Groundwater gets its chemical character from the rocks and sediments through which it percolates by different geochemical processes. However, there are many factors that determine the chemical composition of the groundwater. These include, initial composition of rain, degree of chemical weathering, geology of the area, overlying land uses, recharge sources, nearness to the seaside, aquifer type, aquifer depth, anthropogenic, time etc.

The study area, Hantebet sub basin, 24.4 km2, forms part of Takeze basin, Tigray region, northern Ethiopia. It is located about 55 km south of the Mekelle city, capital of Tigray region, bounded by latitude 1,467,000 to 1,476,000 m N and longitude 523,000 to 530,000 m E (Figure 1). Groundwater is the main source of water supply for local domestic and irrigation uses. It is extracted using hand dug wells, more than 156 are found in different parts of the sub basin. Treadle pump and Afridev hand pumps (Figure 2) are used for abstraction of the groundwater. Treadle pump is a human-powered suction pump designed to lift water from a depth of seven meters or less. Unlike other types of pumps, it sits on top of the well. The pumping is activated by stepping up and down on a treadle, which are levers, which drive pistons, creating cylinder suction that draws groundwater to the surface. Afridev hand pump is a manually operated pump that uses human power to lift water from a depth of 10 to 45 m. It is a conventional lever action hand pump. Pulley system is also used by few farmers.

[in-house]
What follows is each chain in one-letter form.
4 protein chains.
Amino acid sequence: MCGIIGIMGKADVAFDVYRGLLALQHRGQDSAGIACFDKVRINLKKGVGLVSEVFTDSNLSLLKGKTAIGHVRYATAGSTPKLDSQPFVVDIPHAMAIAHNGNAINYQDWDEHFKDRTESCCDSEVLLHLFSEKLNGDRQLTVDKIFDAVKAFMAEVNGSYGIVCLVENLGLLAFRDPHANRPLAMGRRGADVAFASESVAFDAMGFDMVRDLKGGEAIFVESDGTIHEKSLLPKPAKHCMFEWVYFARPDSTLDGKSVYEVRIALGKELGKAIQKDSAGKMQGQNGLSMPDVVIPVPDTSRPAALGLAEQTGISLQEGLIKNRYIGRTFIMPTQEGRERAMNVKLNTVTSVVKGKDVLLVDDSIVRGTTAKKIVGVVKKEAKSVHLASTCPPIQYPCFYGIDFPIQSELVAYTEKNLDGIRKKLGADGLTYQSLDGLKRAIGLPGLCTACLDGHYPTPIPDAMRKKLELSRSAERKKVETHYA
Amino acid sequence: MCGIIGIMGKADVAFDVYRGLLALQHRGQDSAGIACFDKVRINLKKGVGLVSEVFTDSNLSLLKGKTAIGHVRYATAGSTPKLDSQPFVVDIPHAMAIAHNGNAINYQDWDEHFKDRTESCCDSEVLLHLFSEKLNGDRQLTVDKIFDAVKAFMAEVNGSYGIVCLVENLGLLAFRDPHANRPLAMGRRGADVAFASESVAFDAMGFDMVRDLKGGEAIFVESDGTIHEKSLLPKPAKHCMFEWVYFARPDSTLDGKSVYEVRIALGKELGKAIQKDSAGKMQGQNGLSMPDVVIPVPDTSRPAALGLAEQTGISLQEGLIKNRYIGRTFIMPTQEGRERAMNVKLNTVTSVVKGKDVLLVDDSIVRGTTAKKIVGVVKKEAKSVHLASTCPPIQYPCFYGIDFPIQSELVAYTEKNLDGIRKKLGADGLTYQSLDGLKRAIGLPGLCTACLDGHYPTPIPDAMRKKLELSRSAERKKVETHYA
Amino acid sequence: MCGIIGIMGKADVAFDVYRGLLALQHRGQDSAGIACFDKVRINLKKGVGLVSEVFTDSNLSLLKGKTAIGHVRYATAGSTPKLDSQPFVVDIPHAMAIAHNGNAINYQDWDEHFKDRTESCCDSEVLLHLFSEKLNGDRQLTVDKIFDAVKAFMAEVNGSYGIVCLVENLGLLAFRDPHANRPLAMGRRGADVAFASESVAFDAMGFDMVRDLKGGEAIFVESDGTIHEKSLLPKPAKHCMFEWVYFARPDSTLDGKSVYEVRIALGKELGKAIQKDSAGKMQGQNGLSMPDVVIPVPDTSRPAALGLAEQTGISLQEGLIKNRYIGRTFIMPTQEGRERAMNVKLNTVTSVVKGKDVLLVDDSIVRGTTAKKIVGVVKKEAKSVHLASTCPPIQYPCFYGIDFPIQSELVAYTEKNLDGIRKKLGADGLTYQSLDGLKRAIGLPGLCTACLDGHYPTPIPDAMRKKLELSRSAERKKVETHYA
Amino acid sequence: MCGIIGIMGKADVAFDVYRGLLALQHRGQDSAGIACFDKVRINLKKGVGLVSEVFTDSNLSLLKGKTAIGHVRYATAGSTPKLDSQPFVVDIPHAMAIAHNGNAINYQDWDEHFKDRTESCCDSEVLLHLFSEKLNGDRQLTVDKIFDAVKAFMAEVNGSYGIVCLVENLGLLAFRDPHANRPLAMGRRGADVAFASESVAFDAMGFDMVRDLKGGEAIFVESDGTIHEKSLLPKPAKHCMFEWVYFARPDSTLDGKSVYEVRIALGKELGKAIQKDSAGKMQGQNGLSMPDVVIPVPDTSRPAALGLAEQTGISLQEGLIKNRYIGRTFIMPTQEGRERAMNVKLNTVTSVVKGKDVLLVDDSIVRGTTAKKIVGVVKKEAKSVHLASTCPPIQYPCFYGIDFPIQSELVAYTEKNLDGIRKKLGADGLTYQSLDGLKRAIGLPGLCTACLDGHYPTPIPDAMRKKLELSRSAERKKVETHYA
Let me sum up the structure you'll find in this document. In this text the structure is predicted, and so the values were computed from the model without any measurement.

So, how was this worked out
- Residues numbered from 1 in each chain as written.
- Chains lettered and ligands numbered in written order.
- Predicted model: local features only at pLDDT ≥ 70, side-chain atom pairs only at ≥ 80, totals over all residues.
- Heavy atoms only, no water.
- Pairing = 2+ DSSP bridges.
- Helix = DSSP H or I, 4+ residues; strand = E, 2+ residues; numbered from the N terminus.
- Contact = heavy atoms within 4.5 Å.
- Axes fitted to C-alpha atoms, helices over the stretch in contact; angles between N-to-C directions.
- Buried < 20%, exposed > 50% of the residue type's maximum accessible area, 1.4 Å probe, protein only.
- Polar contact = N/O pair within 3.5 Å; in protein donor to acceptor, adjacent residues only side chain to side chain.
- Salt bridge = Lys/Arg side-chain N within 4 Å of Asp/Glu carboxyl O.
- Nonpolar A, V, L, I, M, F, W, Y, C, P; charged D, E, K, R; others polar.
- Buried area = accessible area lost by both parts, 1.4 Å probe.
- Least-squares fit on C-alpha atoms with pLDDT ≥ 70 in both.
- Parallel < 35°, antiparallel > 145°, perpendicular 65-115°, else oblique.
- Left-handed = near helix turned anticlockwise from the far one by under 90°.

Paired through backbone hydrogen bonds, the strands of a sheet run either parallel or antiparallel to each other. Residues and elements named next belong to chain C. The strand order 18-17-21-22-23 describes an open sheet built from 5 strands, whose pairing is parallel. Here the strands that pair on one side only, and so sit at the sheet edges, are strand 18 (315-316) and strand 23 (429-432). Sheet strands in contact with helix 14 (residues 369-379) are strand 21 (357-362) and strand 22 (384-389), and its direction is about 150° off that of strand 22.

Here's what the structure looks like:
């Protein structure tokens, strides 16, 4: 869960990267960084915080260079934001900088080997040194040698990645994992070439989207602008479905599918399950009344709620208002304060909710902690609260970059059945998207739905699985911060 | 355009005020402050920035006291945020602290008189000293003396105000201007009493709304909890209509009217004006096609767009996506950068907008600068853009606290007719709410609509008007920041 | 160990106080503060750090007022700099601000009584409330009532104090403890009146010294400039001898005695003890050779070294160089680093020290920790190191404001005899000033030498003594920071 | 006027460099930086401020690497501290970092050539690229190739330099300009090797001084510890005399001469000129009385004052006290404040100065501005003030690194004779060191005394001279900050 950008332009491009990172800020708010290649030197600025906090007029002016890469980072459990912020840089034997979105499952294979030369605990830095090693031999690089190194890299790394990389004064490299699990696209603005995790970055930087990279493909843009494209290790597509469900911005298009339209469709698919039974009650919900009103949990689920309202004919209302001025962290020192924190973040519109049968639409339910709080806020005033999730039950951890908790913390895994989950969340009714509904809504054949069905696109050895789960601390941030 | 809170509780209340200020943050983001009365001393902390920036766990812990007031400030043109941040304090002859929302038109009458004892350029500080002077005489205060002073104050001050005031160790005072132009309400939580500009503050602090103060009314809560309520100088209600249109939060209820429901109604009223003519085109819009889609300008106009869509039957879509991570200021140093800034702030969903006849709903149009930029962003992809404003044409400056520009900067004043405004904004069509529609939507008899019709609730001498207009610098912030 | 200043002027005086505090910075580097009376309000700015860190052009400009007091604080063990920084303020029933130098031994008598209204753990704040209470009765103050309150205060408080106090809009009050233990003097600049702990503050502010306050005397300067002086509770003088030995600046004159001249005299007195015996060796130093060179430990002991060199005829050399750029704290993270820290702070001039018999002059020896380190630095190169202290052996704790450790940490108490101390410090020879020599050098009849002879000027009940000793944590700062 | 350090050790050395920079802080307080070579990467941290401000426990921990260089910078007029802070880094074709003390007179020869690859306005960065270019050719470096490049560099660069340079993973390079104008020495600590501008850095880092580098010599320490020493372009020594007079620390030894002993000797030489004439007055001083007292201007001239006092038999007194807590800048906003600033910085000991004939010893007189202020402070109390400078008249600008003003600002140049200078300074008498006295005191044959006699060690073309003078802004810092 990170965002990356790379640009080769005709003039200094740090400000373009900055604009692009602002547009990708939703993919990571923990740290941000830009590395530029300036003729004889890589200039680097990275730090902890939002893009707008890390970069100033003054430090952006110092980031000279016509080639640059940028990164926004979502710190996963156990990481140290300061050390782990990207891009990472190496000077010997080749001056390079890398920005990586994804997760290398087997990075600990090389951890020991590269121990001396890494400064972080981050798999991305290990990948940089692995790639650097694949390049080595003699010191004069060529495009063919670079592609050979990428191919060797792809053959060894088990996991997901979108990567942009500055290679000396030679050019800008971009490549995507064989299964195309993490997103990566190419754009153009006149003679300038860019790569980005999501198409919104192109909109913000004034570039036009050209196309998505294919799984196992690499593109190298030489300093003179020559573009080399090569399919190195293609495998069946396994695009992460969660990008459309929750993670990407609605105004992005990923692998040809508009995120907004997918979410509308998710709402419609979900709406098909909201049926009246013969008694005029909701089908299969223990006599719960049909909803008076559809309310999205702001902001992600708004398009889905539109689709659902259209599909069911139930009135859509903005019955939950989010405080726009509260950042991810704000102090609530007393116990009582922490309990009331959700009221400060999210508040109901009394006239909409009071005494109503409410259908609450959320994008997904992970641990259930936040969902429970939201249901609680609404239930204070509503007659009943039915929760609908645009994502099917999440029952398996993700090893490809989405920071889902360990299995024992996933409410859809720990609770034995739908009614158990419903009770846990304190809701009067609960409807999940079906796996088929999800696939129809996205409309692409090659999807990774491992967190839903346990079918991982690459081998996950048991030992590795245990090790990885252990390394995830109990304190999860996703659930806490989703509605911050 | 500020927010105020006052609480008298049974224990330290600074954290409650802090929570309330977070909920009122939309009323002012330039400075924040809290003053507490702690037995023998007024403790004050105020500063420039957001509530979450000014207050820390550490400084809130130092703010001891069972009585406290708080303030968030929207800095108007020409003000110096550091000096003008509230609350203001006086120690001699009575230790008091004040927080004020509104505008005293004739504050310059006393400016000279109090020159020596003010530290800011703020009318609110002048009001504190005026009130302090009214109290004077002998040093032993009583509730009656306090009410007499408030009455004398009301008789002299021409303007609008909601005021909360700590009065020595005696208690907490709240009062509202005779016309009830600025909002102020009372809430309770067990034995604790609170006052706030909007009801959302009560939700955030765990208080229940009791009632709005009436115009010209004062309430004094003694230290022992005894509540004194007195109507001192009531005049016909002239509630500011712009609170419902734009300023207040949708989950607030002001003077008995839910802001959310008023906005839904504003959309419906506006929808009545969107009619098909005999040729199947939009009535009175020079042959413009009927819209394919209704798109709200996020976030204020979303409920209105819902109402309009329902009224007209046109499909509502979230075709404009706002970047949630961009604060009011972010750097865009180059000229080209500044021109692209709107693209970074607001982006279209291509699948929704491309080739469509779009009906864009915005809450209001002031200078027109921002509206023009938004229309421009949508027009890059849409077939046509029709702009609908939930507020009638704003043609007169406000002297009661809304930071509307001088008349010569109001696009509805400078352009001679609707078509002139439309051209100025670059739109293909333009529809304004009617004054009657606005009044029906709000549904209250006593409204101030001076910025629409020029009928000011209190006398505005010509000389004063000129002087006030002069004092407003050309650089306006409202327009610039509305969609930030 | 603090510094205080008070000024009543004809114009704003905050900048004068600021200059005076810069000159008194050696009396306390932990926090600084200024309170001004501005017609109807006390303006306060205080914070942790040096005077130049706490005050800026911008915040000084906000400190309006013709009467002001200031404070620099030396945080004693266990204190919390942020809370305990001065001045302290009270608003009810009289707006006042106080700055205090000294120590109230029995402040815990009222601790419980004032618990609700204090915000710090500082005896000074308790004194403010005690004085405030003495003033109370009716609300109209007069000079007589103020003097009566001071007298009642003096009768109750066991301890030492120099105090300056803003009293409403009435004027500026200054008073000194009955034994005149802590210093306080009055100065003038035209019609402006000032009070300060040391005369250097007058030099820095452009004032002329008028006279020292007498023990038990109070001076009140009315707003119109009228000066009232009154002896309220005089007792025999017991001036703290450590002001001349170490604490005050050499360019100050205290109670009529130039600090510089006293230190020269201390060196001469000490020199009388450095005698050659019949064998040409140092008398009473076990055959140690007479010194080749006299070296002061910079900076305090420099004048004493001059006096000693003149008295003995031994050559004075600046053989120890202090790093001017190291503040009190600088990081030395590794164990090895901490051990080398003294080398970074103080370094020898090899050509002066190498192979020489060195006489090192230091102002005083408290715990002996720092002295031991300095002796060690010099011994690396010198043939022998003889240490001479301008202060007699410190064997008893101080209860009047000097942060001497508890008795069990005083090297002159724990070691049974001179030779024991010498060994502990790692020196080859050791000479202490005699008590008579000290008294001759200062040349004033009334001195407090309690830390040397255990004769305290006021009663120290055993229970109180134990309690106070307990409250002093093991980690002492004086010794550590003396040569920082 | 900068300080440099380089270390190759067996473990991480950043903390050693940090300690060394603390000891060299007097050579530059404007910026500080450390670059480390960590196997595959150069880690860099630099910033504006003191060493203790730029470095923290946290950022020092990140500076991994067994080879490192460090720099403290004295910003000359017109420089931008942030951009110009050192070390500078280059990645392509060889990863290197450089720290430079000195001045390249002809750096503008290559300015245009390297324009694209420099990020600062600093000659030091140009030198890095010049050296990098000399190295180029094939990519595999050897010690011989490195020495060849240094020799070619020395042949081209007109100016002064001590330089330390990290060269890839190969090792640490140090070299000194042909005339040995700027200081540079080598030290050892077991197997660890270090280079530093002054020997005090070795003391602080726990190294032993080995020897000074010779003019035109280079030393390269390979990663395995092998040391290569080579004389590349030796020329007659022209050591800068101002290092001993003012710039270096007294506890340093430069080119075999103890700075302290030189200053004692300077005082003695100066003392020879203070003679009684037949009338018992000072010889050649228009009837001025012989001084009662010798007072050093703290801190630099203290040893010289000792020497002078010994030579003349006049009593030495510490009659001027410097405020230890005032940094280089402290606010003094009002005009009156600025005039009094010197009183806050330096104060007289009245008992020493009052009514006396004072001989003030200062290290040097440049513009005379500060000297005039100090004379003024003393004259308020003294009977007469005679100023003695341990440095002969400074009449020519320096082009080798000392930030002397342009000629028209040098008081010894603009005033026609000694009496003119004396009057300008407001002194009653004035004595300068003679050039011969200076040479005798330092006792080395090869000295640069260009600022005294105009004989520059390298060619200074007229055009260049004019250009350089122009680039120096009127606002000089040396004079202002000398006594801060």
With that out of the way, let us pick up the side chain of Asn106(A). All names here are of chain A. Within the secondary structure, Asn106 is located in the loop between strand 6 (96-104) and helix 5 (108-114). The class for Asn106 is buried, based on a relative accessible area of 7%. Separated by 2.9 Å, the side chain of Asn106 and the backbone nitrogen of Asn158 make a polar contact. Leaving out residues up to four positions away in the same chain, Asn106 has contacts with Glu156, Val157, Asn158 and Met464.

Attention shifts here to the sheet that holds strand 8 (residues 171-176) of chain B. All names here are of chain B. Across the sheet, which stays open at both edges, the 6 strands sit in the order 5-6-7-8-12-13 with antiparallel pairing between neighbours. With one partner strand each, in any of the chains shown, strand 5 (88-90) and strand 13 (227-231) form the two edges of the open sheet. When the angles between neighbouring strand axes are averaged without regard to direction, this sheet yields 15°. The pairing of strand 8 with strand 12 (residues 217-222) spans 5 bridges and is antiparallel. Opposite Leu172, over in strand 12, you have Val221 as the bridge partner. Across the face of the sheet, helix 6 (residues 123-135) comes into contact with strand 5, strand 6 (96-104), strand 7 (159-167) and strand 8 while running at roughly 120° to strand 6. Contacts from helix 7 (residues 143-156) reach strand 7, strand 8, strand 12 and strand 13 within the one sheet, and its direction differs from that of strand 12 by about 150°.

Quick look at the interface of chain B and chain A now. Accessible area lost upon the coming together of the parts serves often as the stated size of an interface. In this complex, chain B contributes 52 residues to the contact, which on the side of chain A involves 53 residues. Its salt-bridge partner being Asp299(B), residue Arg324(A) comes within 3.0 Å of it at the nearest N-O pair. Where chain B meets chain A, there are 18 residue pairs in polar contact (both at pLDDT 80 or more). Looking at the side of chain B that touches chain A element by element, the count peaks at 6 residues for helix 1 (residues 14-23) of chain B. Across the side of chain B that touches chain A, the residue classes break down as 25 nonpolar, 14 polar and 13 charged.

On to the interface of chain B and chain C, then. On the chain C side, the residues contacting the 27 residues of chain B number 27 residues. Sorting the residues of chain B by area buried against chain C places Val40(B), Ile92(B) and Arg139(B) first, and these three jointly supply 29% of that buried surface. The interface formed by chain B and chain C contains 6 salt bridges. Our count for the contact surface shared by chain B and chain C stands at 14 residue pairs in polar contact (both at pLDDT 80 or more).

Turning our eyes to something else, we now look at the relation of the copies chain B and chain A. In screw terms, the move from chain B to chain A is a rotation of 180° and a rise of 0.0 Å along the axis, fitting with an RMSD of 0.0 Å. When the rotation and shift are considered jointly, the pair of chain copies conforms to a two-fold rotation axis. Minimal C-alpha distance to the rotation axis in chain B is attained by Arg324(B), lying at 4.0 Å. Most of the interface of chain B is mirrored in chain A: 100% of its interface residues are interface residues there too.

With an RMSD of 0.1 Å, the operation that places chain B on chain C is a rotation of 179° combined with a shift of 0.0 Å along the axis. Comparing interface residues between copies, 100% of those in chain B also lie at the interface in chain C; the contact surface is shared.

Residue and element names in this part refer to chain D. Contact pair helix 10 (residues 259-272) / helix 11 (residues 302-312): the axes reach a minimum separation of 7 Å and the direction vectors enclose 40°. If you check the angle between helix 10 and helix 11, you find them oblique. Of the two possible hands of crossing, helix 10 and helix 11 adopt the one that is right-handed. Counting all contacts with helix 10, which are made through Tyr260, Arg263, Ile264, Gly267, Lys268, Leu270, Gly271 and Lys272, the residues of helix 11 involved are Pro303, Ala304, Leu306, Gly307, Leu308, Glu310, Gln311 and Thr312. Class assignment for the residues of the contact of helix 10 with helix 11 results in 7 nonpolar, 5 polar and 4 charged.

In the area of study topography varies significantly. Elevation ranges from

Figure 1. Location and geological map of the study area [3] [4] [5].

Figure 2. Groundwater abstraction in the study area [Treadle pump showing sticks used to support the persons who power the treadle pump during abstractions].

2000 m above sea level on the lowland to mountain peaks greater than 2600 m above sea level. The average elevation is 2330 m. The mean annual minimum and maximum air temperature in the area is 11.15˚C and 23.39˚C, respectively. The mean annual air temperature and rainfall is 17.3˚C and 632.08 mm [3], respectively. The area is drained by a perennial river called “Hantebet”. It originates from the northern highlands and flows towards the southern flatlands and finally joins the Tekeze River, which in turn is tributary of Atbarah River in Sudan.